An enlarged spleen may cause: no symptoms in some cases, pain or fullness in the left upper abdomen that may spread to the left shoulder, feeling full without eating or after eating only a small amount-this can occur when an enlarged spleen presses on your stomach, anemia, fatigue, frequent infections, easy bleeding etc.
If the cause of an enlarged spleen can be identified, treatment focuses on the underlying problem. If you have an enlarged spleen, avoid contact sports - such as soccer, football, hockey etc.
A number of conditions — from infections to liver disease and some cancers - can cause an enlarged spleen, also known as splenomegaly (spleh-no-MEG-uh-lee). Most people don't have symptoms with an enlarged spleen. The problem is often discovered during a routine physical exam. Your doctor can't feel a normal-sized spleen in adults — unless you're very slender — but can feel an enlarged spleen. If you have an enlarged spleen, your doctor will likely request imaging and blood tests to help identify the cause. Treatment for an enlarged spleen focuses on relieving the underlying condition. Surgically removing an enlarged spleen isn't usually the first treatment, but it may be recommended in certain situations.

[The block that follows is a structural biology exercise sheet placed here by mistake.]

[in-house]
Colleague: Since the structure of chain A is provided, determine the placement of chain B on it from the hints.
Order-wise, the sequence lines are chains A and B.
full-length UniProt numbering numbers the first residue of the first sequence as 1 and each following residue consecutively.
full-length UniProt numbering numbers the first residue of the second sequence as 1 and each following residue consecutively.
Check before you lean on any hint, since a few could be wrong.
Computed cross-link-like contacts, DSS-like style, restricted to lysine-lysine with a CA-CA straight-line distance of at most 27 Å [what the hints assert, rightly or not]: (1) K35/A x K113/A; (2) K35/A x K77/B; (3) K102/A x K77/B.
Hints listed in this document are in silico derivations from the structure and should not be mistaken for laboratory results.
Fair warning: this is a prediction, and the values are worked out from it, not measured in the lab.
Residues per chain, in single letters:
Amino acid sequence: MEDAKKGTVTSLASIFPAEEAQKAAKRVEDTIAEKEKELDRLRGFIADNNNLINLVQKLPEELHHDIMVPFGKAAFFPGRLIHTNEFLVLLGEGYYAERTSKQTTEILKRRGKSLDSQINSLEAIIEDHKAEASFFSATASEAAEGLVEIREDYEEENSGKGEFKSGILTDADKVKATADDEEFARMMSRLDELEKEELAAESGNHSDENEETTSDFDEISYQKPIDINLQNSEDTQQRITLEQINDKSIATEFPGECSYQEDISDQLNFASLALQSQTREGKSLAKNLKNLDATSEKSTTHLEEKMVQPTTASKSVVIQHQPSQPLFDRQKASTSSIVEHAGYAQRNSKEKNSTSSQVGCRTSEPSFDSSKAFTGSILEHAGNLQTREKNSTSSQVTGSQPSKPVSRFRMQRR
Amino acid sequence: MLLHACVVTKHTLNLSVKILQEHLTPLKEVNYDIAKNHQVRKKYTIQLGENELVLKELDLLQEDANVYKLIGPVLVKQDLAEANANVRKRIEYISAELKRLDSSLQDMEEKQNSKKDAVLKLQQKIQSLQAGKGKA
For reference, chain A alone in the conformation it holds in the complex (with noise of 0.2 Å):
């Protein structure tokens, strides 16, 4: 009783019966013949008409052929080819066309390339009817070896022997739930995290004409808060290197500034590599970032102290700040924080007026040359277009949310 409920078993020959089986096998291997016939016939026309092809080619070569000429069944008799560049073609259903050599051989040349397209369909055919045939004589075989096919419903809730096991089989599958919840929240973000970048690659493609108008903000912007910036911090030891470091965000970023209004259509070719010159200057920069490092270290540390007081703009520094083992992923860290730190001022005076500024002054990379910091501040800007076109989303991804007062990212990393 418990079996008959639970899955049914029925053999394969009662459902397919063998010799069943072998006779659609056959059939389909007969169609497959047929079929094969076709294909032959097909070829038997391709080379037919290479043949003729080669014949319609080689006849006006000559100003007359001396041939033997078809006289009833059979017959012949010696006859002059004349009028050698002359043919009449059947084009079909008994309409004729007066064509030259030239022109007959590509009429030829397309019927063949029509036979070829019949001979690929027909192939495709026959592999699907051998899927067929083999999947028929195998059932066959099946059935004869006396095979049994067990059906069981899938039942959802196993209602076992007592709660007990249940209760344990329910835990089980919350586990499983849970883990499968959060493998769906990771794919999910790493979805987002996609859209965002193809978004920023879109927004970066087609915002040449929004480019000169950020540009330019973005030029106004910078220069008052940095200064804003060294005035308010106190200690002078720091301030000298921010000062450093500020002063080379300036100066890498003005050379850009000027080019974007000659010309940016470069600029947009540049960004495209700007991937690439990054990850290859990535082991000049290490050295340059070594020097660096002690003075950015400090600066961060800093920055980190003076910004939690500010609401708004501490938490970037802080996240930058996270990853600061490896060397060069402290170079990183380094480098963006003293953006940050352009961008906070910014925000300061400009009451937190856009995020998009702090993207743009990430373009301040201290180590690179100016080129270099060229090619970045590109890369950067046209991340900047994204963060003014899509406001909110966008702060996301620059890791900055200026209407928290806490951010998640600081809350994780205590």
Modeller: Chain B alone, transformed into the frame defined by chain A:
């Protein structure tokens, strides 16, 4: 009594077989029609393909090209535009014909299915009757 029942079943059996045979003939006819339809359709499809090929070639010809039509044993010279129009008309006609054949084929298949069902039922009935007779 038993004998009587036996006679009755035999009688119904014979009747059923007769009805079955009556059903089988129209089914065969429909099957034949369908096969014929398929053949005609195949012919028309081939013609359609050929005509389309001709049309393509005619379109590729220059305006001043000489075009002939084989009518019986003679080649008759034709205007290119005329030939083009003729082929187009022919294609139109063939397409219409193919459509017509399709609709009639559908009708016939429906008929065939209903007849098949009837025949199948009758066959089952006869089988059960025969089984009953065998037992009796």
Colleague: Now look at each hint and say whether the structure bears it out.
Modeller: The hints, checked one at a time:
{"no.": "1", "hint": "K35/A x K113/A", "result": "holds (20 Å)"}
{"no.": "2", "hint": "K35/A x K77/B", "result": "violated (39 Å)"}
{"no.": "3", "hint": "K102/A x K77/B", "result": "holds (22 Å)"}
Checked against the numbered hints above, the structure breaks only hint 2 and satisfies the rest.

No race predilection is recognized for splenomegaly. Unlike sickle cell disease that results in a small, autoinfarcted spleen, patients with hemoglobin SC disease may have splenomegaly that accompanies their pigment gallstones. Tropical splenomegaly syndrome (or hyperactive malarial syndrome) has a female-to-male incidence ratio of 2:1. Otherwise, no sex predilection is documented for splenomegaly. No age predilection is recognized for splenomegaly.